Card Sharp

Corex's updated CardScan means never having to deal with a Rolodex again.

Despite the ascendance of digital technology, the old-fashioned paper business card still reigns when it comes to "real time" introductions. Like all printed information, however, business cards have a drawback—they pile up. After a while it can seem saner to staple them all into a Rolodex rather than retype everything into your Palm VII. But when you're traveling, a Rolodex never makes it into the carry-on. The solution? CardScan Executive card scanner, recently updated to make life that much easier.

Price: $299.

What it is: A mini-scanner (CardScan 500) designed solely for scanning business cards, plus software (CardScan Version 5) that transcribes the information into your computer.

How it works: You insert a business card into CardScan 500's front slot, where it is automatically scanned. The card's information is displayed by category—for instance, name, company name, address—on your computer screen, at the center of what looks like an oversized Rolodex card. The scanned image of the card is shown at the bottom of the screen. If there are transcription mistakes, you type in corrections on your keyboard. You can assign categories, such as "customer" or "competition," to cards or batches of cards, and also make notes. You can search for cards by keyword and print them in a variety of formats, from address book and envelopes to rotary cards. You can also scan the back of a card and save it, as an image only, at the bottom of the screen.

Installation and set-up: Very simple. It took about ten minutes using the set-up guide.

What it can scan: Any standard-sized business card. But it's only formatted to process cards from the United States, Canada, Germany, United Kingdom, France, Sweden, Belgium, and Australia. However, even when I scanned in an Italian business card, it made just one mistake, transcribing the letters "rn" as "m." It also did a good job of scanning cards with maps, handwriting, and photographs.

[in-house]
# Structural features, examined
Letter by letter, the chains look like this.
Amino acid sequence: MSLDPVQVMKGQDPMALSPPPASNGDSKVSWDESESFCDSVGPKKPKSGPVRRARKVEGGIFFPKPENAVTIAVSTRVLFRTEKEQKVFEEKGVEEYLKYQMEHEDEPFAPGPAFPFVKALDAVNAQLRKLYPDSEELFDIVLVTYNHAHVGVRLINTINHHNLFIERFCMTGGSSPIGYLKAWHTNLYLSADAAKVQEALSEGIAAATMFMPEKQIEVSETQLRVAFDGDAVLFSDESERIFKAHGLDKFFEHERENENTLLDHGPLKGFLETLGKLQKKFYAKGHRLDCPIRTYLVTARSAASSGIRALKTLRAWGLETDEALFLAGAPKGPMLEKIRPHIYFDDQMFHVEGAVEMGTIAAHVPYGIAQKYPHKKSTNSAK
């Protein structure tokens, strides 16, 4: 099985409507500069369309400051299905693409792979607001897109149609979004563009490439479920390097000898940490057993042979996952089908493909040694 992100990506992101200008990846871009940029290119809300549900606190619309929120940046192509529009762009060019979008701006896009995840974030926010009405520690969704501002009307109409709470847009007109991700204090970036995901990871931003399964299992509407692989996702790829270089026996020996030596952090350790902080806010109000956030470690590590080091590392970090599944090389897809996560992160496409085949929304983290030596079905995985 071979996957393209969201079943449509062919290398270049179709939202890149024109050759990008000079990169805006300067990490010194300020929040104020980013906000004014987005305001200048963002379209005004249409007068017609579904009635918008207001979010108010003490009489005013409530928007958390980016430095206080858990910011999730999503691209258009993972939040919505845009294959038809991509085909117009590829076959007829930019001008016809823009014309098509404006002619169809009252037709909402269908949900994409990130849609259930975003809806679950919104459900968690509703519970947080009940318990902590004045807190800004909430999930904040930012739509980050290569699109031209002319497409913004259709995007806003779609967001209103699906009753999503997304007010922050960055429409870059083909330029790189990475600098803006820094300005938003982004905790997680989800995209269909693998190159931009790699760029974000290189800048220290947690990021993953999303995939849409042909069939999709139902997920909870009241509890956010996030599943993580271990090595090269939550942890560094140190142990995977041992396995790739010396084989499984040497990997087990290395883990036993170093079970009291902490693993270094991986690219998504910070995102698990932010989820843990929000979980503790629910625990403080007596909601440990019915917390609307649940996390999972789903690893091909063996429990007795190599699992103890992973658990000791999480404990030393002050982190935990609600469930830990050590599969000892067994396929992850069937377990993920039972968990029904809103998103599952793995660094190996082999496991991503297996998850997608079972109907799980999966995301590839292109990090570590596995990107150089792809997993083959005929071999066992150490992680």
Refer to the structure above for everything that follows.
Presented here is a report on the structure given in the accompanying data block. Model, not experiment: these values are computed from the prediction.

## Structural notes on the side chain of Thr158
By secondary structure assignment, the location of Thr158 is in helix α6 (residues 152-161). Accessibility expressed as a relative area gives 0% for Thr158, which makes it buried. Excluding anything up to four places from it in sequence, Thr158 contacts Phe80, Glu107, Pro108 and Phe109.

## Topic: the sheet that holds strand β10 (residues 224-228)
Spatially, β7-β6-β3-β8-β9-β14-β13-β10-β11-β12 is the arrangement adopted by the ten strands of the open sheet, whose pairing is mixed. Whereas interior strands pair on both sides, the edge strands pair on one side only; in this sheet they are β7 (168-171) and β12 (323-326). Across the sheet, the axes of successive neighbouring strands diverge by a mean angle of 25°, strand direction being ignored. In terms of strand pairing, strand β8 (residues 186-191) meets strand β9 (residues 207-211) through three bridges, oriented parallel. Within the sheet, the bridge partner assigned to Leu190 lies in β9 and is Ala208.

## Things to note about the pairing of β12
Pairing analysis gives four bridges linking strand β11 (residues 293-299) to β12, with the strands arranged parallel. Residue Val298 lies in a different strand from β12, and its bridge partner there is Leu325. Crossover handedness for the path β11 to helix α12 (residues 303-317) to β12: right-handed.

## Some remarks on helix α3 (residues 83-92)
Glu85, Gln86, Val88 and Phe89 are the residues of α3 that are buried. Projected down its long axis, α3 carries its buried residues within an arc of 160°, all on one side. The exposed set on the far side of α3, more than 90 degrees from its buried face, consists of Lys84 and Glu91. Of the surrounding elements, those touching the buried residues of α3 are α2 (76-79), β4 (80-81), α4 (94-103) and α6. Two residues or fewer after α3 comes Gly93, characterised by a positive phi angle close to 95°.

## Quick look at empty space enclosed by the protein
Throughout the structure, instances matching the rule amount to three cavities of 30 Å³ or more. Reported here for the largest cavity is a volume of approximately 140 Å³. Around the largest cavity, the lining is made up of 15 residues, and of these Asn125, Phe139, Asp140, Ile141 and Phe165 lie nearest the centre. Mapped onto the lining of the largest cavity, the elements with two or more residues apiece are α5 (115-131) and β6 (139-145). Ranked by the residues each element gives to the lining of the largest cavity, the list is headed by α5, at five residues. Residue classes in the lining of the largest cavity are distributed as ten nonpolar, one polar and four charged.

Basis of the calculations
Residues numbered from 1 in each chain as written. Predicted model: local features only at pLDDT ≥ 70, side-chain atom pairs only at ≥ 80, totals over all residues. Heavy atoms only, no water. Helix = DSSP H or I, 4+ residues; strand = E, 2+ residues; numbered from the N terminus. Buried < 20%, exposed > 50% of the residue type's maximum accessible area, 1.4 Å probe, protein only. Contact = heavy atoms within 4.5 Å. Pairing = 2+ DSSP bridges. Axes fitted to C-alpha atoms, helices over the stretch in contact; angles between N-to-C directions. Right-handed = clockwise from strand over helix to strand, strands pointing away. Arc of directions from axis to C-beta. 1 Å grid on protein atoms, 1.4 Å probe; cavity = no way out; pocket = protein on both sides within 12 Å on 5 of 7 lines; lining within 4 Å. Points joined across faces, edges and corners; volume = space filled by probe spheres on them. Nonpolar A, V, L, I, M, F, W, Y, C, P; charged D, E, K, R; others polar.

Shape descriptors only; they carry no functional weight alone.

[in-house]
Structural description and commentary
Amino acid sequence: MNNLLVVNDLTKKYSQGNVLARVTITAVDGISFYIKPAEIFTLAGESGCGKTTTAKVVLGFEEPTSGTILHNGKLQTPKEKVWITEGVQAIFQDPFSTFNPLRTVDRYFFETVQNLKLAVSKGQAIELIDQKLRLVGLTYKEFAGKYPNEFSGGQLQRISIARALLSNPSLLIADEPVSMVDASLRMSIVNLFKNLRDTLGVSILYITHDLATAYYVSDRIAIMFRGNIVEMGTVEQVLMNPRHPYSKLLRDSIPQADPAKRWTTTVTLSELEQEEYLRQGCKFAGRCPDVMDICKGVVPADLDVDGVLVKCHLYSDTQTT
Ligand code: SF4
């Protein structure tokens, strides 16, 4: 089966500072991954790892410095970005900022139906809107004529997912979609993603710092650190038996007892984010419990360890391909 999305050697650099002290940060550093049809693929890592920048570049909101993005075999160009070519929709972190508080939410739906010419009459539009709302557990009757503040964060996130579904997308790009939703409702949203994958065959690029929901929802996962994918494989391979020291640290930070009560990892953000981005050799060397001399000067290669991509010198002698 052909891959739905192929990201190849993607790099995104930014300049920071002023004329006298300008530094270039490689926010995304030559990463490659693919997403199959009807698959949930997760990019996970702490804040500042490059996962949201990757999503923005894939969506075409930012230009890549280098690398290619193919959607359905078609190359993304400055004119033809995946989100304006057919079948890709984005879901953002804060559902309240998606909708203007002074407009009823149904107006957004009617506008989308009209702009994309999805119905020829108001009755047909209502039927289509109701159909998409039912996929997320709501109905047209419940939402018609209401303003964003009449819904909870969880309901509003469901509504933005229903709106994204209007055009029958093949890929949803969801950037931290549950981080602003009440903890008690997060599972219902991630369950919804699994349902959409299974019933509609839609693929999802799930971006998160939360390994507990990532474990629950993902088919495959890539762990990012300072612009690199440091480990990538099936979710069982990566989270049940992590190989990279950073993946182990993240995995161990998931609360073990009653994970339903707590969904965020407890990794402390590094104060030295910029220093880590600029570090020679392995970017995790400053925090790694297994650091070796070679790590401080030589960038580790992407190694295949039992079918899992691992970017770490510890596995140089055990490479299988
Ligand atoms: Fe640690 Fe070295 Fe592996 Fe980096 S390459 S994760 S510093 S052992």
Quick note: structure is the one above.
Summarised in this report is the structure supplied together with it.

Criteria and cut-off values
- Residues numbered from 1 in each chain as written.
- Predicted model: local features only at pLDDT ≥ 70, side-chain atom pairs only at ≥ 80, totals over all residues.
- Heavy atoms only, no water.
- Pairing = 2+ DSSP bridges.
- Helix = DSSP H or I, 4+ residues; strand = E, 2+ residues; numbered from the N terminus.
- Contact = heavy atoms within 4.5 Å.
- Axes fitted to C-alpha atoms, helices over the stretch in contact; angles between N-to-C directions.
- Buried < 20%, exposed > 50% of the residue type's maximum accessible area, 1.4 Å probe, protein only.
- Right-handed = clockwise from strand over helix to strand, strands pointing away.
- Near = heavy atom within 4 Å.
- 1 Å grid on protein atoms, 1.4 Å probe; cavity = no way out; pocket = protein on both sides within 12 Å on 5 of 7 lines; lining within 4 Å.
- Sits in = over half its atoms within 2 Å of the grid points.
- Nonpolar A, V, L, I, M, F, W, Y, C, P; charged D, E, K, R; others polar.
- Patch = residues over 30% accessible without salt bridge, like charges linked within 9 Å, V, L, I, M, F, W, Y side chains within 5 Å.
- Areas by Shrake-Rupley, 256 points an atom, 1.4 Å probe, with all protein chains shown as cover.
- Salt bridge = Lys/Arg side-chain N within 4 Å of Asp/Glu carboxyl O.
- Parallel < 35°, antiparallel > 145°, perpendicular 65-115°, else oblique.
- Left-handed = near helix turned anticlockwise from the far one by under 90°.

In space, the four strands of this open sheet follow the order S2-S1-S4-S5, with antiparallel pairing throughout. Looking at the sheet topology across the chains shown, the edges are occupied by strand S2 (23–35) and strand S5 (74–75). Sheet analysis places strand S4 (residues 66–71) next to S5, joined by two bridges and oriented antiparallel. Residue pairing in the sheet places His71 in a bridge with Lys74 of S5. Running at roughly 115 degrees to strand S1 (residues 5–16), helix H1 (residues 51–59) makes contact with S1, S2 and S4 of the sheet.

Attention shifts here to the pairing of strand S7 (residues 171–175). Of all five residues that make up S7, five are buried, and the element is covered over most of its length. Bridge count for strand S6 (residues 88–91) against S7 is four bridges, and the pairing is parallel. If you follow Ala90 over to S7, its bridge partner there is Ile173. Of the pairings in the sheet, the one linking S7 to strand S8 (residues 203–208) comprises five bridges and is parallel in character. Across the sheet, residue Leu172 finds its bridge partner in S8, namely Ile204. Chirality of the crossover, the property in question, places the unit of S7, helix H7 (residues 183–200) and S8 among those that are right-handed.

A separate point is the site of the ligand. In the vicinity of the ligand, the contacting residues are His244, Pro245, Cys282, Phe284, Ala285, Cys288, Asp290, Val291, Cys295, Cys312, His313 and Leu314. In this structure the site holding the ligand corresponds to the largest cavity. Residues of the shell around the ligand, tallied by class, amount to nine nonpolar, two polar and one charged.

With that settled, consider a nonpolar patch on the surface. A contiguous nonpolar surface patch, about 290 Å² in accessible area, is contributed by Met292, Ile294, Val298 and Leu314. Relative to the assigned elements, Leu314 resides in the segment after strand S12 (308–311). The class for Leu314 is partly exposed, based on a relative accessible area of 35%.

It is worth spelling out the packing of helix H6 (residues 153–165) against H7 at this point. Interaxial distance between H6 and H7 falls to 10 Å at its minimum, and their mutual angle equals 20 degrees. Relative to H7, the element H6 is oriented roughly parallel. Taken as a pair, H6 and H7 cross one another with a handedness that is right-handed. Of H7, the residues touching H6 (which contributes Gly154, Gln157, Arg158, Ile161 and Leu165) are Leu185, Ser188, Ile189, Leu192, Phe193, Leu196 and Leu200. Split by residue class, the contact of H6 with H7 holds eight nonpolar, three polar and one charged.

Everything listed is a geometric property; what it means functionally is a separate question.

What it cannot scan: Oversized business cards. It also has problems with cards with tabs at the top and/or Rolodex holes at the bottom.

Accuracy: Nearly perfect for cards with dark type on a light background—only one or two mistakes per card. CardScan isn't confused by bullet points or symbols, such as "@," and it has an amazing ability to discriminate between types of information. For instance, I scanned one hotel card with four phone numbers. CardScan correctly identified the number labeled "Main Telephone" (it was the third one listed) and inserted it into the primary "Phone" category. CardScan also placed the first two numbers, which were labeled "Reservations Only," into a separate "Reservations" category. It even recognized the hotel's e-mail and Web site addresses and placed them in their appropriate categories.

The Problem: CardScan had serious difficulty with light-colored writing on a dark background. I tried scanning a card with white type on blue and it took longer to correct the mistakes than it would have taken to type the information from scratch.

Portability: Not great. CardScan has no battery and no infrared port.

Compatibility with other programs: Extensive. CardScan will synchronize with such PC-based contact managers as Lotus Notes, ACT!, Microsoft Outlook, and Day-Timer. It can also synchronize with most personal digital assistants, digital phones, and e-mail programs. Another plus: CardScan will work in the background, so you can scan in cards while doing other work, then edit the scanned inputs later.

Perks: CardScan comes with Area Code Fix, a software program that automatically updates area-code changes via the Internet, and Quicken ExpensAble, which organizes expense reports. And it has both a universal serial bus (USB) and a parallel port, which means you don't need to unplug your printer from your PC while using CardScan.

What you need to run it: An IBM-compatible PC with a 486, Pentium, or higher processor; 16 megabytes of RAM; 40 megabytes of hard-disk space; Windows 95, 98, NT version 4.0, or Windows 2000; a CD-ROM drive to install the software; and a Hayes-compatible modem if you use the auto-dialing feature.

What I would improve: The look. CardScan 500 is a bit bulky, and its black plastic shell isn't very sleek.

Information: Corex Technologies, 800-942-6739.